Navigating Turbulent Changes to the Sanctions Landscape

“We’re living in a boom time for sanctions,” Stephen Brosnihan, Regional Director, Sales Support Operations for North America at SIX, told NICSA members during a recent #WebinarWednesday session.

The event, in which panelists explored how to reduce operational risk in the face of evolving economic sanctions, also featured experts from Bureau van Dijk and Charles Schwab.

“There are 4,747 sanctioned securities listed across all global exchanges,” Brosnihan said. “On average, over 65 new sanctioned securities are issued on a monthly basis, and close to 40 existing instruments change status from nonsanctioned to sanctioned.”

At the same time, Brosnihan said identifying sanctioned securities is now more difficult than ever. To that end, he said many of the top 50 global banks have been fined millions of dollars, with the highest penalties reaching nearly $9 billion.

“Trends suggests that these numbers will continue to increase,” he said. “Sanctioned issuers continue to issue instruments at a high pace, particularly in Russia. It’s all very dynamic, and from an operational and a risk point of view, investors are not always aware that the sanctions are even traded.”


Anders Rodenberg, Head of Financial Institutions and Advisory, Americas at Bureau van Dijk, a Moodys Analytics company, discussed the challenges around beneficial ownership. According to Rodenberg, OFAC’s 50 Percent Rule — which states that entities must be considered blocked if they are owned 50 percent or more (directly or indirectly) in the aggregate by one or more blocked individuals — makes it especially challenging to be sanction-compliant around securities.

“The aggregation aspect is very important because it means we have to take all ownership into account,” Rodenberg said. “There are examples of companies being owned with 49.5 percent and then another sanctioned entity owning something with 1 percent — and then it would become sanctioned as a whole. We could actually rebrand the 50 percent rule to the 0.1 percent rule because we now have to look at all ownership in the world in order to be sanction-compliant.”

And while identifying ownership is complicated in itself, Rodenberg said dynamic changes further complicate the process. “According to some of our statistics, on average, more than 6.5 million entities change ownership per month,” he said. “That means, by the end of this hour-long webinar, more than 7,000 companies would’ve changed the ownership, with the potential of some being sanctioned.”


Maintaining a clear view in this turbulent sanctions landscape requires that a wealth of data are linked and analyzed. In addition to regulatory updates and beneficial ownership, Jeff Bellemare, Senior Data Consultant at SIX, said this information should include company structures, corporate actions, and underlying securities.

“Companies need to follow multiple sanctions regimes based on the locations where the business is conducted and research ownership structures to identify additional companies based on the 50 percent rule,” he said. “And, with the advent of sectoral sanctions, specific rules around investments need to be adhered to, which brings about the need for additional datasets.”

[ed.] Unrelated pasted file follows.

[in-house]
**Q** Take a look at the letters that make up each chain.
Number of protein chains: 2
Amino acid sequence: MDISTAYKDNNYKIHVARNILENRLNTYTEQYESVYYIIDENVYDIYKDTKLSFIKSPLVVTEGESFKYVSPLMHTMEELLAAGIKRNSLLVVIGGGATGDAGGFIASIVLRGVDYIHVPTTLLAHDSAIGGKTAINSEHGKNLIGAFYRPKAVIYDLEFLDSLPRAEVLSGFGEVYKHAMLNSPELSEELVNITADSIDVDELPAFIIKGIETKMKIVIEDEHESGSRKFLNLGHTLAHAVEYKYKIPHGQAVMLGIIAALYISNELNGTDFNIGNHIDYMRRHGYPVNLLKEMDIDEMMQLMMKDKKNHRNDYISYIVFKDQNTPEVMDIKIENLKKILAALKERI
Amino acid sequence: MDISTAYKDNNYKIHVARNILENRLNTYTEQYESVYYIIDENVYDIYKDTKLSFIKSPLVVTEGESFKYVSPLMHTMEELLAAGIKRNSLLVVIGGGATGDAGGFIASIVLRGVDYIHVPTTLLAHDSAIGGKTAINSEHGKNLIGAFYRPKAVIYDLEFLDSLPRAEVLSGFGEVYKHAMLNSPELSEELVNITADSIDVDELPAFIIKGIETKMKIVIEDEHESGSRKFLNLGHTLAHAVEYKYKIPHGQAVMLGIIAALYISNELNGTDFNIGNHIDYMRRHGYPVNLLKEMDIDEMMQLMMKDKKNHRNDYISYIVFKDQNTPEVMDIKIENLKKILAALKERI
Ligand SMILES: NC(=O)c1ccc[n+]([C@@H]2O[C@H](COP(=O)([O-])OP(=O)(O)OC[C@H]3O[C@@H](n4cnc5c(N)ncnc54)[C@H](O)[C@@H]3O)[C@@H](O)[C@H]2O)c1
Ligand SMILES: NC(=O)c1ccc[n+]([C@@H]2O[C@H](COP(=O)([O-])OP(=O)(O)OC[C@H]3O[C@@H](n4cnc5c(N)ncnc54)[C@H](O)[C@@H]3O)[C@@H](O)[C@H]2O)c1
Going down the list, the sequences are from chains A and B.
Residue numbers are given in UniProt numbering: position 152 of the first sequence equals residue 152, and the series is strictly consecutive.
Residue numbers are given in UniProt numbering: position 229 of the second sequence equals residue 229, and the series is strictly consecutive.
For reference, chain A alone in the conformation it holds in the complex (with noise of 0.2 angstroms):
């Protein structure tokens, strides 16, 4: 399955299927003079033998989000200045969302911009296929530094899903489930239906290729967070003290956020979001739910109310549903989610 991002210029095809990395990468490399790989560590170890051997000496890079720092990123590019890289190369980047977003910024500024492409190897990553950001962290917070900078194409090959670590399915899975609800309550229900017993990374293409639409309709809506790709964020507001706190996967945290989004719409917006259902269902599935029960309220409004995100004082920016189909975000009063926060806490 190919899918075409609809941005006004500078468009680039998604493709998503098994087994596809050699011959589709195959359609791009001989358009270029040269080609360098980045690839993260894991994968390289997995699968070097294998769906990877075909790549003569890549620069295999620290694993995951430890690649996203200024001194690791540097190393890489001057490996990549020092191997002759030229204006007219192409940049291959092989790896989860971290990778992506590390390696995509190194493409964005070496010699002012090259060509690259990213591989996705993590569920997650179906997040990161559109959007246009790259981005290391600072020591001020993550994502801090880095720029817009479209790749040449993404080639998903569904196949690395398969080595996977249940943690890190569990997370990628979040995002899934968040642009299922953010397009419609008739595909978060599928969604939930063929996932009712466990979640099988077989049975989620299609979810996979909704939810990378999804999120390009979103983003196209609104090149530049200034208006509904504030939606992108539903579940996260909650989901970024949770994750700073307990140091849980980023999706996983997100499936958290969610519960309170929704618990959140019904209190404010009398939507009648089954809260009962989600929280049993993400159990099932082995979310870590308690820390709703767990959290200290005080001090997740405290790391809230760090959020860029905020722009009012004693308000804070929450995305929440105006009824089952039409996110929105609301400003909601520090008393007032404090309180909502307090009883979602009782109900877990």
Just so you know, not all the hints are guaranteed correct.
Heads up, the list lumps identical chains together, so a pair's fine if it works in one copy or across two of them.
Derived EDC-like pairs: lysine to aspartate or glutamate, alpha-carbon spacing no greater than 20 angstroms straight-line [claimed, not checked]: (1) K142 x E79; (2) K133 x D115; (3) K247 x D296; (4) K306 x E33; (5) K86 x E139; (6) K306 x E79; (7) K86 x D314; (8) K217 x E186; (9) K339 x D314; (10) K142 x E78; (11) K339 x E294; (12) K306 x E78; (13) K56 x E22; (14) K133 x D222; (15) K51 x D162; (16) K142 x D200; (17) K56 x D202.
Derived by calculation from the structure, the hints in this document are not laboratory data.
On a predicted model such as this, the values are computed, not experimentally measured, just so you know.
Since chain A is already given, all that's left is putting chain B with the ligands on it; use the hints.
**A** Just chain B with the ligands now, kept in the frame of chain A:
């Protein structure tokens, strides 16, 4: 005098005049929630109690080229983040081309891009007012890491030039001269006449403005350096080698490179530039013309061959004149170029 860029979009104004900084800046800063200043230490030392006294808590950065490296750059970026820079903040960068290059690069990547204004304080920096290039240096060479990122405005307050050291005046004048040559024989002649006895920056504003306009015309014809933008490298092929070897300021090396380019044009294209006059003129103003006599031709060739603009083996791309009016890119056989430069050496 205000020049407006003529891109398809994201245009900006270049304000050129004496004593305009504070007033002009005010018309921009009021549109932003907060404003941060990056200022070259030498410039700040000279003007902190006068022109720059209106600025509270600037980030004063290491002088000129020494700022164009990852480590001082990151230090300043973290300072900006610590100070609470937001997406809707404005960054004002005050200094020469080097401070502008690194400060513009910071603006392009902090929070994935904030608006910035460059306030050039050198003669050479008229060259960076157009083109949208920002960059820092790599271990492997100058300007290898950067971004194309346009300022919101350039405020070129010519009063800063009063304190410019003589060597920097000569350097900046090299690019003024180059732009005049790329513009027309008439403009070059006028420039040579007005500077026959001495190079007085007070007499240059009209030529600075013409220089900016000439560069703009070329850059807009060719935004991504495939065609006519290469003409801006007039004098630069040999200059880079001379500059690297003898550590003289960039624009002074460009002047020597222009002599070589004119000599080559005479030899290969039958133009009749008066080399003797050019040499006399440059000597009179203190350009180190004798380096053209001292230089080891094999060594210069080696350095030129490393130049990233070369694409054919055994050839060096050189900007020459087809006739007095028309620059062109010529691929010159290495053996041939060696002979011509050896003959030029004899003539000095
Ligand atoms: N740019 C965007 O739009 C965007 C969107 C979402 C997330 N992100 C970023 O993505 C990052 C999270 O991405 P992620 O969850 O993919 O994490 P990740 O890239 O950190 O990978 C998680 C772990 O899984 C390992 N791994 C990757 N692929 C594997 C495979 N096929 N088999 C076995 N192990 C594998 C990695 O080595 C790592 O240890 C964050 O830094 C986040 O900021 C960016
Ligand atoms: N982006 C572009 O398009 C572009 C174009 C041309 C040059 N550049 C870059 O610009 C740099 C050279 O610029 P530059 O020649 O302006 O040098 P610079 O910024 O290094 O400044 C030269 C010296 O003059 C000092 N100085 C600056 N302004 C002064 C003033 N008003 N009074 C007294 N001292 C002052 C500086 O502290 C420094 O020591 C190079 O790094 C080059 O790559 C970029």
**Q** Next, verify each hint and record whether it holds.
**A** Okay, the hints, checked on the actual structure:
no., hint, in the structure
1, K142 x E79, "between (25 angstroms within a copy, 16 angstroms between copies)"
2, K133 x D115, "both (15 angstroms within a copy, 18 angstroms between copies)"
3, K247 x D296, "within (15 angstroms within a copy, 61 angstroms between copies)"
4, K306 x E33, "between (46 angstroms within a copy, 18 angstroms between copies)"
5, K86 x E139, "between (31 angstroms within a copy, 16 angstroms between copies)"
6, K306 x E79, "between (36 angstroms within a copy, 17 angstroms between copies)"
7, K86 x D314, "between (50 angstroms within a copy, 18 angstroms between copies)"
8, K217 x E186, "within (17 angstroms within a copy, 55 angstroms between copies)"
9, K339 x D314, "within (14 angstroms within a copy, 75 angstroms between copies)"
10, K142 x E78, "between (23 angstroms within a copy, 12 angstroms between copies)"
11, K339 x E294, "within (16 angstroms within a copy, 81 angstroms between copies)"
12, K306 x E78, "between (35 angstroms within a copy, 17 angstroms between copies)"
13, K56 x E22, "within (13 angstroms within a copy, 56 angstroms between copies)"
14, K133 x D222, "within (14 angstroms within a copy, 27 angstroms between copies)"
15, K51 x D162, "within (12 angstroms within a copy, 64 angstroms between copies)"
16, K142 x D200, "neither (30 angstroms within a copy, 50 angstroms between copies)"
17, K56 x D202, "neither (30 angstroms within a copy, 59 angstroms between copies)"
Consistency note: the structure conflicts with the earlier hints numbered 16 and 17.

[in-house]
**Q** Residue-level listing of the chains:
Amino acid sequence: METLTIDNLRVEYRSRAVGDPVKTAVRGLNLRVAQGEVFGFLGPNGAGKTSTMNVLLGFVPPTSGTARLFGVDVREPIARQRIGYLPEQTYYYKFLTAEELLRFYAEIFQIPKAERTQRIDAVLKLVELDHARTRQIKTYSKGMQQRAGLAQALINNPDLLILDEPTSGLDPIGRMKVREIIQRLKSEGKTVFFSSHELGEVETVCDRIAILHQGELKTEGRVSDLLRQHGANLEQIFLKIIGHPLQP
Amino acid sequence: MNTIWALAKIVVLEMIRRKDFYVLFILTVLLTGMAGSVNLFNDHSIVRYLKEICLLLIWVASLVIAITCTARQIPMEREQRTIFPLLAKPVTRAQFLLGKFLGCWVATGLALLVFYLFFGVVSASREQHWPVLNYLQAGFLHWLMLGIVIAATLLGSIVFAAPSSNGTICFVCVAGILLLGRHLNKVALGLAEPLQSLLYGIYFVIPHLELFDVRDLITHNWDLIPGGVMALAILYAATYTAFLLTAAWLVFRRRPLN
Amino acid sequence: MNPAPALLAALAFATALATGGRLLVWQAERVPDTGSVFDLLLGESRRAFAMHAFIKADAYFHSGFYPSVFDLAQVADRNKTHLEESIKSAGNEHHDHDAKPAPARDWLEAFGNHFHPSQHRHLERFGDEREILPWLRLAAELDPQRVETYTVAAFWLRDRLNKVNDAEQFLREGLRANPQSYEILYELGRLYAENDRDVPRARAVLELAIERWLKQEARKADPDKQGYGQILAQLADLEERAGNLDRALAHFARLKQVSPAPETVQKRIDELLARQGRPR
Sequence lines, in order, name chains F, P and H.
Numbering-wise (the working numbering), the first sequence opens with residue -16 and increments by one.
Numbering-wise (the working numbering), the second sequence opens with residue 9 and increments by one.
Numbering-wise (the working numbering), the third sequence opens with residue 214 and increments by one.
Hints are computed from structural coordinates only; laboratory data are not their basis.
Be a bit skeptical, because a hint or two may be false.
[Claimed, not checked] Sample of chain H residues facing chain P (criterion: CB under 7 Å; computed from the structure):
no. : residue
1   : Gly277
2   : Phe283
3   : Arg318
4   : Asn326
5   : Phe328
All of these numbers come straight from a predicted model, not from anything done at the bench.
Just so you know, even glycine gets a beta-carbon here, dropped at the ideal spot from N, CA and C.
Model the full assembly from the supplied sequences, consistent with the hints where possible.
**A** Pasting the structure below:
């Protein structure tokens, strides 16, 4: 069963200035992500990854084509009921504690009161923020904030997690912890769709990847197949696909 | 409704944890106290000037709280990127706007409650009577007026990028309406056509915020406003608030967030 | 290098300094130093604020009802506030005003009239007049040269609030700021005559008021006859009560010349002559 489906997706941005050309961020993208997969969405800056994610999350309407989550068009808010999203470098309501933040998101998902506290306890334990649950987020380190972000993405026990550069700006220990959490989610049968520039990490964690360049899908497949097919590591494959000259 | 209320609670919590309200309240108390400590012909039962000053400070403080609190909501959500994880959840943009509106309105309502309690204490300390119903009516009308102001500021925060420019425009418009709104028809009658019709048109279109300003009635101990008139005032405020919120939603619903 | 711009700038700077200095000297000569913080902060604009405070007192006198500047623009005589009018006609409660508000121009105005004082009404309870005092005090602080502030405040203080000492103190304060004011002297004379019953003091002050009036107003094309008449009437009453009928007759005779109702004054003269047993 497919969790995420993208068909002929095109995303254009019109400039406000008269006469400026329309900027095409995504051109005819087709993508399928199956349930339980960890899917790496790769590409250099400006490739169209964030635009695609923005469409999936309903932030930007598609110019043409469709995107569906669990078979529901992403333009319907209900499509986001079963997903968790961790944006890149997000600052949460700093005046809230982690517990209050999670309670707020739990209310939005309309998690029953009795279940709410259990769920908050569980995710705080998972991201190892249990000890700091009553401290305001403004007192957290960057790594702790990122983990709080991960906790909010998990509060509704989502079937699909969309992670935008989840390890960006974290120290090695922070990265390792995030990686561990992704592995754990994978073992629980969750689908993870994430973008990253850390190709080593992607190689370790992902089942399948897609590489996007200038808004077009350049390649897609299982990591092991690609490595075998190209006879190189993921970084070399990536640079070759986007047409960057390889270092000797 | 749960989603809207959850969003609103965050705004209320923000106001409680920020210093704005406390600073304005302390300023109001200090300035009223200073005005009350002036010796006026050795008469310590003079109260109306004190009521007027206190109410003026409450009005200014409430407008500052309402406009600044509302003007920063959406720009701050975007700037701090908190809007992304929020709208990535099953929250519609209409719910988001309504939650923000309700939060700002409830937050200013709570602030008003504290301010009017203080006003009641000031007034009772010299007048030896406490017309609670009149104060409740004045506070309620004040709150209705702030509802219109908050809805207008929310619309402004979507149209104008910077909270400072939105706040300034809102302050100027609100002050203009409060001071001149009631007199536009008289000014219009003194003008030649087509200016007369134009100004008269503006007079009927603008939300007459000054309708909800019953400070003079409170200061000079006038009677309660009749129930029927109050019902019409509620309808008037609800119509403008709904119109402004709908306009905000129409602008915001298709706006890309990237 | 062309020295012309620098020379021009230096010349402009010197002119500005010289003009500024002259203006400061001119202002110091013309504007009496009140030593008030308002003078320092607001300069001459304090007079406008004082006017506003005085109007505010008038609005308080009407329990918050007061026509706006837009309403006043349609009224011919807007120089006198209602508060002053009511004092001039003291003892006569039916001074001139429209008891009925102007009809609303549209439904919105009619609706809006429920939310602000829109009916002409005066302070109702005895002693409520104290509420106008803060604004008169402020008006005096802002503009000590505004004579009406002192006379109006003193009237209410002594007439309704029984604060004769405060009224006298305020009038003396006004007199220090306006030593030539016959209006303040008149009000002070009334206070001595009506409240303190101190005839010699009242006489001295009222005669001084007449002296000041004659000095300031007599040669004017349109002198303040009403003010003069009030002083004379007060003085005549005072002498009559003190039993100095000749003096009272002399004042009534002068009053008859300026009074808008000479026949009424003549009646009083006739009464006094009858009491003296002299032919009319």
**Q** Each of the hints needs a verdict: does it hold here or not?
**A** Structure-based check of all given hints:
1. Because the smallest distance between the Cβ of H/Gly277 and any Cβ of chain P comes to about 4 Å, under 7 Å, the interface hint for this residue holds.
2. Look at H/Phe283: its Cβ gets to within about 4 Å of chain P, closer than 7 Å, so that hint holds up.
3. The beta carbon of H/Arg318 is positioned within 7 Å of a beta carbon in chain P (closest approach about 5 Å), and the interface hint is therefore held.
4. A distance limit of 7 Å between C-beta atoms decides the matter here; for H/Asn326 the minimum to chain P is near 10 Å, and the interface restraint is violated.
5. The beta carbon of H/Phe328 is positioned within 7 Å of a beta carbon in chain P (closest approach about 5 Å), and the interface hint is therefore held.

Keeping databases current for pre- and post-trade suitability is a challenge and poses a significant risk. “Generally speaking, there are over six and a half million active securities, 65,000 public companies, 220 million private companies and 152 million director/shareholder contacts,” Bellemare said. “In monitoring this universe for changes and updates to sanctions, securities, we see over 26,250 updates per week to data, including new instruments, reference data changes, regulatory updates, and shareholder changes.”


Megan Brooks, Senior Manager, Economic Sanctions Risk & Program at Charles Schwab, said the geopolitical climate is ripe for more sanctions, specifically when used as a foreign policy tool.

“Make sure you’re managing your risk appropriately and that you’re staying abreast of what’s happening in the world,” she said. “If you can see what’s coming down the pipeline, you can limit risk as necessary.”

Because OFAC tends to announce sanctions on Friday afternoons with the expectation that firms will have implemented actions by the start of business on Monday, Megan said it’s important to establish key lines of communication ahead of time.

“You need to have people already in line who expect that if you send out a call, they’ll need to take quick action,” she said. “If you have not already set kind of those lines of communication and those expectations up with your business partners within your firm or your business, it can create additional challenges.”


NICSA thanks SIX for sponsoring this webinar. 

Note: Although the observations contained in this work represent the best thoughts of the individuals comprising the NICSA panel, they do not necessarily reflect the views of NICSA or any of its member organizations. Matters addressed in this work may touch upon legal or regulatory matters, however nothing herein is intended to be or should be construed as legal advice. You should contact your own counsel in order to obtain legal advice regarding these or any other matters.

Leave a Reply

NICSA: 8400 Westpark Drive, 2nd Floor McLean, VA 22102 • Tel: 508.485.1500 • Fax: 508.485.1560